The next morning, we departed for Bear Island WMA, roughly halfway between Savannah and Charleston, in South Carolina. This is a significant wetland area, and we noted a variety of waterfowl including numerous Blue-winged Teal, two Wood Ducks, and several Mottled Ducks (introduced, but established for decades). Shorebirds were present too: Black-necked Stilts and American Avocets, Lesser (some 200) and Greater Yellowlegs, Long-billed Dowitchers, Dunlins, and a dozen Stilt Sandpipers feeding with the dowitchers. An Anhinga and a Sora were present along with a variety of herons and six Glossy Ibis. Somewhat unusual were the half dozen lingering Bonaparte’s Gulls (all immatures, hatched in Canada in 2021). Also present were Alligators, including one with baby gators. From here we continued north to Folly Beach for lunch at Chico Feo and later looked at the preserve at the north end of Folly Island (Lighthouse Inlet Heritage Preserve). On the short walk to the north end of the island we noted a Common Nighthawk in flight along with a Cooper’s Hawk. A single “Western” Palm Warbler was also noted. The views of the Morris Island Lighthouse to the north were stunning! Gazing to the northwest of the lighthouse on Morris Island we could see the general area where Battery Wagoner was. Here, the largely Black 54th Massachusetts, led by Col Robert Gould Shaw, frontally attacked the well-defended Confederate earthen fort. The assault failed with horrific casualties and the story is pretty accurately told in the film, “Glory.”  The fort itself along with portions of the northern end of the island were completely destroyed by storms in the late 19th century. On the beaches at the north end of Folly Island, we noted several American Oystercatchers, including one on a nest, and compared “Western” and “Eastern” Willets, the former a breeder. A few Least Terns were also present. Wilson’s Plover nests here and we had three, one of which we saw very well. From here we headed to the Hampton Inn in the historic district of the city. Dinner that night was at the Coast, excellent food but it was partly open to the elements and after the cold front, it was a little drafty.

The next day we looked at the Pitt Street Extension at Mt Pleasant across the bay from Charleston. There weren’t that many birds there, but those we saw, we saw very well. These included a Clapper Rail (subspecies waynei), “Western” Willets, Whimbrels, various herons, including a Little Blue and Tricolored, and Least and Gull-billed Terns. The Gull-billed Terns were hunting crabs on the flats. This species in its own genus (Gelochelidon) does not plunge dive like most other terns. Land birds present included a pair of Orchard Orioles, and we obtained good views of the dull and gray subspecies of Marsh Wren (griseus). When we arrived, we noted a Wood Stork departing, and also had inadequate views of a flying Accipiter. I rather think that under certain conditions the migration at this location might be pretty good, particularly in the fall.

After a quick lunch at Subway, we went to Patriots Point where we caught our boat to Fort Sumter, the site of the Confederate bombardment of the Union fort and the beginning of the American Civil War on 12 April 1861. From the Confederate point of view, it might have seemed like a good idea at the time, but upon reflection….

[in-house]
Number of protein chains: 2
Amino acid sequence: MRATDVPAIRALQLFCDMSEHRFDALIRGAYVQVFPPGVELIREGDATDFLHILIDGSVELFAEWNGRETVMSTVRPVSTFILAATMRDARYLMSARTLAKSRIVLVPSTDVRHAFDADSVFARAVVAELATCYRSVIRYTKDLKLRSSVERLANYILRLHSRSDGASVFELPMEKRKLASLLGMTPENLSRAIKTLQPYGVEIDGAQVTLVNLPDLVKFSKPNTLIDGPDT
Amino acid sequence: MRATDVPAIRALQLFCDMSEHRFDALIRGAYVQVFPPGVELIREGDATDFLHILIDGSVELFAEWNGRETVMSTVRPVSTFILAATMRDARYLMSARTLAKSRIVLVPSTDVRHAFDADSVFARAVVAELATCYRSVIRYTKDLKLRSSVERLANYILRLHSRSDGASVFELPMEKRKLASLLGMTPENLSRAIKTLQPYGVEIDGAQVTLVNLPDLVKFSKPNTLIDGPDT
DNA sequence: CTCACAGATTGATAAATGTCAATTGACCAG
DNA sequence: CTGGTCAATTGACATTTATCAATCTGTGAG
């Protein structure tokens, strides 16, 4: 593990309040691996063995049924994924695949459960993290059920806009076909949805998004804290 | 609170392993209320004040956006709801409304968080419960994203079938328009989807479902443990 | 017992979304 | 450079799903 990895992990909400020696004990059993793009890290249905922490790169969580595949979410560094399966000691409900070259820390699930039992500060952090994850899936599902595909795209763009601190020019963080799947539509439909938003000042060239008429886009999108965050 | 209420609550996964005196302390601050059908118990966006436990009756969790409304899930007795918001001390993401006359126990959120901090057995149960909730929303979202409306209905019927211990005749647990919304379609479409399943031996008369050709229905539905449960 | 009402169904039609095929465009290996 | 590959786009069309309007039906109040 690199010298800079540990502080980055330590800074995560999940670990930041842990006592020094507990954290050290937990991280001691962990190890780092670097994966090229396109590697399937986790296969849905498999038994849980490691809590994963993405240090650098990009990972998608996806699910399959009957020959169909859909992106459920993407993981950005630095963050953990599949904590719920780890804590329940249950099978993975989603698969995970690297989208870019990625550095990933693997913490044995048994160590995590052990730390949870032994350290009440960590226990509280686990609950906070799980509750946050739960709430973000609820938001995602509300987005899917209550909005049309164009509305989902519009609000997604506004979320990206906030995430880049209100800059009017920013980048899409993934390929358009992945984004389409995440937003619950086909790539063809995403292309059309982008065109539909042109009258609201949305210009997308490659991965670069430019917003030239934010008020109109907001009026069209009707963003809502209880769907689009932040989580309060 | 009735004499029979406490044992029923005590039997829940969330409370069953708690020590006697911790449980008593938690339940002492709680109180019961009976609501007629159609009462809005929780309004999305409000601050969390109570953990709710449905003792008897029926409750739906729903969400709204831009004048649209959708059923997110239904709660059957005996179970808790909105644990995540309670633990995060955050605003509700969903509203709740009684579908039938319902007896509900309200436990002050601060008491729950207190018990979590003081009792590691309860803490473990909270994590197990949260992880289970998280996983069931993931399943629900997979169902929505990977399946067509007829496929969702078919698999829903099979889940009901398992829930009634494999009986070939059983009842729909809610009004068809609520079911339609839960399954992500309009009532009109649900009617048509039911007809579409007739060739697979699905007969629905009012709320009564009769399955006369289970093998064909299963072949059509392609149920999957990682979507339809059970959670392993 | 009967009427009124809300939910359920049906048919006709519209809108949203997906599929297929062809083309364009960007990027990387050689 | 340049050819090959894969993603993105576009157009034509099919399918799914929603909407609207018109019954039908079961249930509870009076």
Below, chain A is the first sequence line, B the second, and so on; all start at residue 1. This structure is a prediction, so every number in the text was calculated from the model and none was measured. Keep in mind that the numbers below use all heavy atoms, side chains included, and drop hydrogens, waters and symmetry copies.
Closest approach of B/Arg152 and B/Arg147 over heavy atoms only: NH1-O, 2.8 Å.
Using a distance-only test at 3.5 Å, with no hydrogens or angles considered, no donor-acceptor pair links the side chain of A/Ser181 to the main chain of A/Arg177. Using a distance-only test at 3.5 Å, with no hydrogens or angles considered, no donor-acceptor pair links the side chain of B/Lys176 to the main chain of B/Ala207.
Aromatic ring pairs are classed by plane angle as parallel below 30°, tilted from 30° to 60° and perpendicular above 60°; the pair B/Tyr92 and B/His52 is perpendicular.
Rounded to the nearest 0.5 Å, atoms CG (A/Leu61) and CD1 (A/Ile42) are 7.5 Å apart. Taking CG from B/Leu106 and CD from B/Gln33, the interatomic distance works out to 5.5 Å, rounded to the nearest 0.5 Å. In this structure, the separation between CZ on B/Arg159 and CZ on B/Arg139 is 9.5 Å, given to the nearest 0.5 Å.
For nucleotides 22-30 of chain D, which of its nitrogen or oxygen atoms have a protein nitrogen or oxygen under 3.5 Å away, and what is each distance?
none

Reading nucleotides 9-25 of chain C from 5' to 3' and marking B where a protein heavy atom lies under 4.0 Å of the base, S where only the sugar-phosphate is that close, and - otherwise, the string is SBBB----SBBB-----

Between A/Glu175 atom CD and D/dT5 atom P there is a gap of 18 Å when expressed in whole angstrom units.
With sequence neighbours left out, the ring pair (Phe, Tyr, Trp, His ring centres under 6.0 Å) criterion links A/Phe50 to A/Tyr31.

Sumter himself was an American general in South Carolina. He was decidedly mediocre and needlessly exposed his soldiers to more capable British soldiers, resulting in high casualties. Francis Marion, “The Swamp Fox,” was more effective. The fort today bears little resemblance to 1861. The Union Navy bombarded it into rubble in 1863 and when it was rebuilt in the late 1800’s prior to the Spanish American War, it was in a completely different style. While walking the ramparts, a northbound Whimbrel flew by. I talked to a ranger there. While his job was answering questions about the battle, he also looked at birds and was quite excited to tell me about the Snow Bunting that was there once late in the fall. We had a very good dinner that night at 39 Rue de Jean, a French restaurant, very close to the Hampton Inn.

The next day we went to I’on Swamp to the northeast east of Mount Pleasant. It was here that Bachman’s Warblers were present in the 1940’s. The last sightings were closer to Charleston in the spring of 1962. At a center nearby, Robert D. Johnson showed us Red Wolves in an enclosure and told us much about their ecology and former distribution.  After a quick Subway lunch, we returned to Charleston and late that afternoon we went on a most informative walking tour of Charleston with our guide, Skip Evans. Amongst other stops for Skip was the church where the reverend John Bachman preached. Bachman was an accomplished ornithologist, and the Bachman and Audubon families were quite close. In fact, Audubon’s son, John, married Bachman’s daughter, Maria in the early 1830’s.

Afterwards some of us visited the Historic Charleston City Market and then walked to dinner at Ely’s Table (Skip’s recommendation) where we had, by far, our best dinner with superb food, service, and atmosphere in a quiet corner of the small restaurant. That evening we drove north to the Holiday Inn Express, not far from the airport where the tour officially concluded. The next morning a few of us returned to Pitt Street Extension for a few hours of additional birding before our afternoon flights.

- Jon Dunn


Created: 02 September 2022